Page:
N48DL, Coast Guard Photo, from NTSB Accident Docket, Item 521814.

Eddie Sez:

The saddest part of this mishap is that the airplane was permitted to operate at 25,000 feet without oxygen equipment in the first place. The NTSB couldn't be bothered to recover the wreckage and the knowledge of what caused the mishap has sunk to the bottom of the Gulf, with the pilot. Regardless, there are many lessons to be learned:

  • Fuselage pressure leaks should be addressed immediately and repaired.

  • Oxygen supply and delivery equipment must be pre-flighted.

  • During every climb, part of your 10,000 foot check must be a check of cabin altitude. Most airplanes have a maximum cabin altitude between 6,000 and 8,000 feet. You certainly should not be above that at 10,000 feet aircraft altitude. You should know your normal cabin climb rate, typically around 300 fpm. Even if it takes you ten minutes to get to 10,000 feet aircraft altitude, you should not see more than 3,000 feet cabin altitude at that point. In any case, if it isn't where it should be, level off and investigate.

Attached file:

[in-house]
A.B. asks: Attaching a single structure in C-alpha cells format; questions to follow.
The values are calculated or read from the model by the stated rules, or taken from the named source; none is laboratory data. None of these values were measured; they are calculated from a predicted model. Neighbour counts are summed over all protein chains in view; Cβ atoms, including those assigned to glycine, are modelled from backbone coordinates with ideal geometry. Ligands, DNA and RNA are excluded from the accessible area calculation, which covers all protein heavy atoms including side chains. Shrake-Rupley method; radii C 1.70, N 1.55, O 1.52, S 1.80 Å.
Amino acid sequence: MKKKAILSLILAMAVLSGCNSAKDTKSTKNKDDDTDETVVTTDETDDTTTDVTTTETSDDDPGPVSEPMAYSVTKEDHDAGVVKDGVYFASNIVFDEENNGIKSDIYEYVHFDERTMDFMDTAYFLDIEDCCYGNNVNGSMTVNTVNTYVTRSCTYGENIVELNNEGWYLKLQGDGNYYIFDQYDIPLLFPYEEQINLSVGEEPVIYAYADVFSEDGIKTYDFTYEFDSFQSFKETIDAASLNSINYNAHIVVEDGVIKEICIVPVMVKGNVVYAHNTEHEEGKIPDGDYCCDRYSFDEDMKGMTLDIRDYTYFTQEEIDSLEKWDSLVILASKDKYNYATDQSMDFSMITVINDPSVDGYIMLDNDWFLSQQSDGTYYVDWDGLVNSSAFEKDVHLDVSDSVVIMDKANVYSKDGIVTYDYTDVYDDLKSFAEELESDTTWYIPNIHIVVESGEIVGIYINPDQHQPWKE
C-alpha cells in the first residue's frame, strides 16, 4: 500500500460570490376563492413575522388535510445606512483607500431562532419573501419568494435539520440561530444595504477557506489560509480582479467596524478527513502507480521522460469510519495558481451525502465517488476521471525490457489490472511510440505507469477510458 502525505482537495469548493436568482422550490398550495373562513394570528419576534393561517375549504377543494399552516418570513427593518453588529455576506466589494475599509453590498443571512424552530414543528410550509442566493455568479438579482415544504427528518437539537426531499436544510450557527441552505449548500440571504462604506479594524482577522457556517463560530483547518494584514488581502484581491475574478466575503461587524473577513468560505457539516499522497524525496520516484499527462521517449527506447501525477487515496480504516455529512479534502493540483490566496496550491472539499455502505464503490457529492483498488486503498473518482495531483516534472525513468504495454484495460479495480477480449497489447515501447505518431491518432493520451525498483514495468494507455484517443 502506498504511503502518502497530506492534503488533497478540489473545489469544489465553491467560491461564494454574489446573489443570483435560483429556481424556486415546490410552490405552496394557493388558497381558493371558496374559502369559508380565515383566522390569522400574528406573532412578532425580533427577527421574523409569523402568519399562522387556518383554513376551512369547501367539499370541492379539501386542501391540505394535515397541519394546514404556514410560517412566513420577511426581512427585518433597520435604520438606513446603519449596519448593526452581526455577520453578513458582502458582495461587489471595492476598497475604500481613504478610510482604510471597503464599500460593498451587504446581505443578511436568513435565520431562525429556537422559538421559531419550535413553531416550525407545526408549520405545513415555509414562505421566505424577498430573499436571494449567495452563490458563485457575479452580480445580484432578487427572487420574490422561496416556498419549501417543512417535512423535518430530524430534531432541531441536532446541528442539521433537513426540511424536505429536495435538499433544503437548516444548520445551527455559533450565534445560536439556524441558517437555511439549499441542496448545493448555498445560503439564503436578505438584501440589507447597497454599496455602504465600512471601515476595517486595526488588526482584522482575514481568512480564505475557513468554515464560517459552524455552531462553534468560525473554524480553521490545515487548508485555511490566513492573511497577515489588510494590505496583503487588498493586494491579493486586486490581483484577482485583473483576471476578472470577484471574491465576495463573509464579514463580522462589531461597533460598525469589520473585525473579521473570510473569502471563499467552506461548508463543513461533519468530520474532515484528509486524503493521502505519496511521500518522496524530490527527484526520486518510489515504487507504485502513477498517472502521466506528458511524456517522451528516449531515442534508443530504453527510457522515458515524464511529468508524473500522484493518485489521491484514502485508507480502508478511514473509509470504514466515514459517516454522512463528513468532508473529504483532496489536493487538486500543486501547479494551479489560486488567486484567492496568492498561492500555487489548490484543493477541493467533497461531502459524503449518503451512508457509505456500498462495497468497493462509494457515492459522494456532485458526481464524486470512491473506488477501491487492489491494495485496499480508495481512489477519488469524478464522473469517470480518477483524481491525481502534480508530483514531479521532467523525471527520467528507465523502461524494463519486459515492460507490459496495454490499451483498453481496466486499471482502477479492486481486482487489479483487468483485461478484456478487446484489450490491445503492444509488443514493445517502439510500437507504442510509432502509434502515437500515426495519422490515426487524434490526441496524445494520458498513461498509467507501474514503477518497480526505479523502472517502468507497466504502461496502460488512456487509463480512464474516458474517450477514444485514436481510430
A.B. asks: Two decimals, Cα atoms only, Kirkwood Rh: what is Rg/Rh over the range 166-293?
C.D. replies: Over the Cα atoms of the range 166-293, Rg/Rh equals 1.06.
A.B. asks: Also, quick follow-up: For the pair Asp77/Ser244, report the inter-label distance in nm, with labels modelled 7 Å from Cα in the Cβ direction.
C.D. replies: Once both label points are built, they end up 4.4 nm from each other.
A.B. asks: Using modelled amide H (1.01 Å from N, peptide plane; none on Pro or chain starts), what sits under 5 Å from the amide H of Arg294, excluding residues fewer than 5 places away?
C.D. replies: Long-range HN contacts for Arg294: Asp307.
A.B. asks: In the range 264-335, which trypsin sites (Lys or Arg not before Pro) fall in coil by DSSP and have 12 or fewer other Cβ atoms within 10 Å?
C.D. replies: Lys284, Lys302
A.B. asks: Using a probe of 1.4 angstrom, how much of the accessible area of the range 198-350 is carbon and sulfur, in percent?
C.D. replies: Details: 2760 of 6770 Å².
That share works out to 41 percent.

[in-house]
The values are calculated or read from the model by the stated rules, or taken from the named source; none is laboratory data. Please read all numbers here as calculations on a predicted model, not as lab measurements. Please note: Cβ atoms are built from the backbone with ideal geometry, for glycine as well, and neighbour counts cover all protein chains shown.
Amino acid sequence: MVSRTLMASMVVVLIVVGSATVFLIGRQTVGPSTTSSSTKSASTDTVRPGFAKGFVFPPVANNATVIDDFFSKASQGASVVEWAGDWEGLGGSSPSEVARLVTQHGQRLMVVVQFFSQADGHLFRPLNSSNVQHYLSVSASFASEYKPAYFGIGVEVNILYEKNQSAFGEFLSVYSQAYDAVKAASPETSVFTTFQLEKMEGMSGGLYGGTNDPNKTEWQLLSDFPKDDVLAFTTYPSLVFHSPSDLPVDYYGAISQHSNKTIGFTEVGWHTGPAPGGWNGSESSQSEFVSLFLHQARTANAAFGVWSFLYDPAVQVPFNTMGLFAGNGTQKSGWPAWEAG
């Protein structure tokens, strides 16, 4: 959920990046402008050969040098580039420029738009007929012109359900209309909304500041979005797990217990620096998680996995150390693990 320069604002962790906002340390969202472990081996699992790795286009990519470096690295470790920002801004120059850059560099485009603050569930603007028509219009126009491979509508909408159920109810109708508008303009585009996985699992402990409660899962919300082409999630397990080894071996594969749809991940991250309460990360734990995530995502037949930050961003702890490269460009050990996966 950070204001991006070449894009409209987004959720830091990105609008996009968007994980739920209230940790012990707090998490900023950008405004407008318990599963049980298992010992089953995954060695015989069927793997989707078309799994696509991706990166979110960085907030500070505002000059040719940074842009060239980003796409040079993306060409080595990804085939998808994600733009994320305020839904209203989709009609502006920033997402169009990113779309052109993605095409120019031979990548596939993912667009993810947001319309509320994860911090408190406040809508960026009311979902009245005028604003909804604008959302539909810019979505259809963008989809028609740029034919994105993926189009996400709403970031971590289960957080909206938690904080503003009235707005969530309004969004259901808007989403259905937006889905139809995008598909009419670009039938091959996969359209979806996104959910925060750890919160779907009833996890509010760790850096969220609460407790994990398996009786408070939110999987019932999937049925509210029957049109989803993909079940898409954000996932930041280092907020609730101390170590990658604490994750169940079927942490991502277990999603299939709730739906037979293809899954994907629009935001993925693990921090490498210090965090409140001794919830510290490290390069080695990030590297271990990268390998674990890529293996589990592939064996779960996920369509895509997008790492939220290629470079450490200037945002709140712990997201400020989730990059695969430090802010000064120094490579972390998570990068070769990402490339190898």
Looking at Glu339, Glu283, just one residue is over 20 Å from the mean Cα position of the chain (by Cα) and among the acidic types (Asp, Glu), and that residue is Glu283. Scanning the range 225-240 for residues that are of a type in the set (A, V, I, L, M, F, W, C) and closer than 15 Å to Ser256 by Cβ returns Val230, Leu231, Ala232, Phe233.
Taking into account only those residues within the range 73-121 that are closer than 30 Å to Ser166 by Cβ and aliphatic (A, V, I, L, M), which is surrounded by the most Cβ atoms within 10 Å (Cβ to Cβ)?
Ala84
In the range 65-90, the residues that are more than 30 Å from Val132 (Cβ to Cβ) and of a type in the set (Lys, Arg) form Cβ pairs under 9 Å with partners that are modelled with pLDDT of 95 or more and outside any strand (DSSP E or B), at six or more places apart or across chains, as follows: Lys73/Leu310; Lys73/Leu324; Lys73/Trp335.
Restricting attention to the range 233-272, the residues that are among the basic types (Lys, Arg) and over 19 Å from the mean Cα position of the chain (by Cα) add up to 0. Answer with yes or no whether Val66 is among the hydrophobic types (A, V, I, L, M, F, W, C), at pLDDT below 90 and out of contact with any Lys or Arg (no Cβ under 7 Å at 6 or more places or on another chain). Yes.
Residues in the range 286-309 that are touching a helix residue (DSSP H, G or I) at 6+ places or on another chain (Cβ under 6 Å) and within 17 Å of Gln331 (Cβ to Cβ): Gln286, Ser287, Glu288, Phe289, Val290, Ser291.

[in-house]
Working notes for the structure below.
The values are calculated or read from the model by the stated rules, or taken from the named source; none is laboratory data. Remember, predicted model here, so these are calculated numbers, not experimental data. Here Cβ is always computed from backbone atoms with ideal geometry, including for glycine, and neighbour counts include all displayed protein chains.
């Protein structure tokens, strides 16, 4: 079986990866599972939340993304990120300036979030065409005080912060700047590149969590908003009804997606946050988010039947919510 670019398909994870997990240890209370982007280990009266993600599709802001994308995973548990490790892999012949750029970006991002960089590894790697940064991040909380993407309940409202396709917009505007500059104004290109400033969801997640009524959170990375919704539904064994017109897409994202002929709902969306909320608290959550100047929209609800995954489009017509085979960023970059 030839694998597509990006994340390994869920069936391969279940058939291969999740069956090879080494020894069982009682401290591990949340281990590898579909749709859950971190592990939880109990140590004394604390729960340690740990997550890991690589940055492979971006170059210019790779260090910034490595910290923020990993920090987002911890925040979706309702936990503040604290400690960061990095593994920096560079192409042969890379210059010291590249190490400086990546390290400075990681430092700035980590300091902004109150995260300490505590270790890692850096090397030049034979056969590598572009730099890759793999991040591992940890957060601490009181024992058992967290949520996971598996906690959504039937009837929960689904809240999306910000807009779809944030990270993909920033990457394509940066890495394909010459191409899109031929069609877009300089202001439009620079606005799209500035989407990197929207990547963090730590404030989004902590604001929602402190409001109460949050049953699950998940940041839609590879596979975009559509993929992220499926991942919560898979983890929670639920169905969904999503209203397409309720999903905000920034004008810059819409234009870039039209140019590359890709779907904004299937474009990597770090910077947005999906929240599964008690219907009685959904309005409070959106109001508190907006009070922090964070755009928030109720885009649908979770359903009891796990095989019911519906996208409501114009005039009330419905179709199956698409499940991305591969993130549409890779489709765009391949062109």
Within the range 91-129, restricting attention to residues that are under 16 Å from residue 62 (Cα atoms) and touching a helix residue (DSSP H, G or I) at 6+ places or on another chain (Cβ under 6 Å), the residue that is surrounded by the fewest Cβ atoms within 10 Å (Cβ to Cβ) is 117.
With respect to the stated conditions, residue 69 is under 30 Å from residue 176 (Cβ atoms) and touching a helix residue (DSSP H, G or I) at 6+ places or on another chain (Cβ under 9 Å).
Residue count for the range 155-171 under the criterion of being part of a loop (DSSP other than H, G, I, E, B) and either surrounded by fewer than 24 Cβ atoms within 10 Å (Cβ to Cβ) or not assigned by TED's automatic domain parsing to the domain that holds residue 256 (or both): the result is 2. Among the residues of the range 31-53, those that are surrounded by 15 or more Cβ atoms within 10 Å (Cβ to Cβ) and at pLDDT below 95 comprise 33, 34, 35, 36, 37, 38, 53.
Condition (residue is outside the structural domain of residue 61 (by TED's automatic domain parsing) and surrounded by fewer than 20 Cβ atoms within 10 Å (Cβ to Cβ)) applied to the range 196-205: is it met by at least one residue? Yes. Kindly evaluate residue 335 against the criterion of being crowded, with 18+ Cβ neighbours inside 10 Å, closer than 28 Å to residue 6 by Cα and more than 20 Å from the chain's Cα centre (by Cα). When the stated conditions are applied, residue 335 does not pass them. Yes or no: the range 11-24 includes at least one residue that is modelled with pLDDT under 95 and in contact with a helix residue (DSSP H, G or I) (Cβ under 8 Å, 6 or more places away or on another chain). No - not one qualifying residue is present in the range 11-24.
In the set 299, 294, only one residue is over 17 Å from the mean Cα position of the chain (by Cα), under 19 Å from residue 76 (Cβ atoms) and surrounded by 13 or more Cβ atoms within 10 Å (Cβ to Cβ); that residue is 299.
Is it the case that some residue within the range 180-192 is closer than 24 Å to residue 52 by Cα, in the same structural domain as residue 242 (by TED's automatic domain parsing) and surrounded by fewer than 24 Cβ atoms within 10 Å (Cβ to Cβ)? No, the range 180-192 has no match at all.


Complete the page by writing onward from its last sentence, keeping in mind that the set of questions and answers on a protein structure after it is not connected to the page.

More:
• When troubleshooting a pressurization problem, donning oxygen quickly will not only improve your mental capabilities, it can keep you in the game if things go south quickly or insidiously.

  • When in doubt, descend.

What follows are quotes from the sources listed below, as well as my comments in blue.


Accident Report


Narrative

[NTSB Full Narrative]


Probable Cause

Figure: Cessna 421C Pilots Handbook Extract, from NTSB Accident Docket, Item 521805.

One of the saddest parts of mishaps like this is the FAA and NTSB can't be bothered to pursue them. In this case it was just an old private pilot who made a few foolish decisions in outfitting his airplane and then flying it where it wasn't equipped to be. But the real issue is that the FAA allows an airplane without oxygen equipment to operate at 25,000 feet in the first place.


See Also:

Abnormal Procedures & Techniques / Hypoxia

Abnormal Procedures & Techniques / Slow Onset Hypoxia

Technical / Oxygen


References

NTSB Aviation Accident & Synopsis Narrative, N48DL, ERA12LA290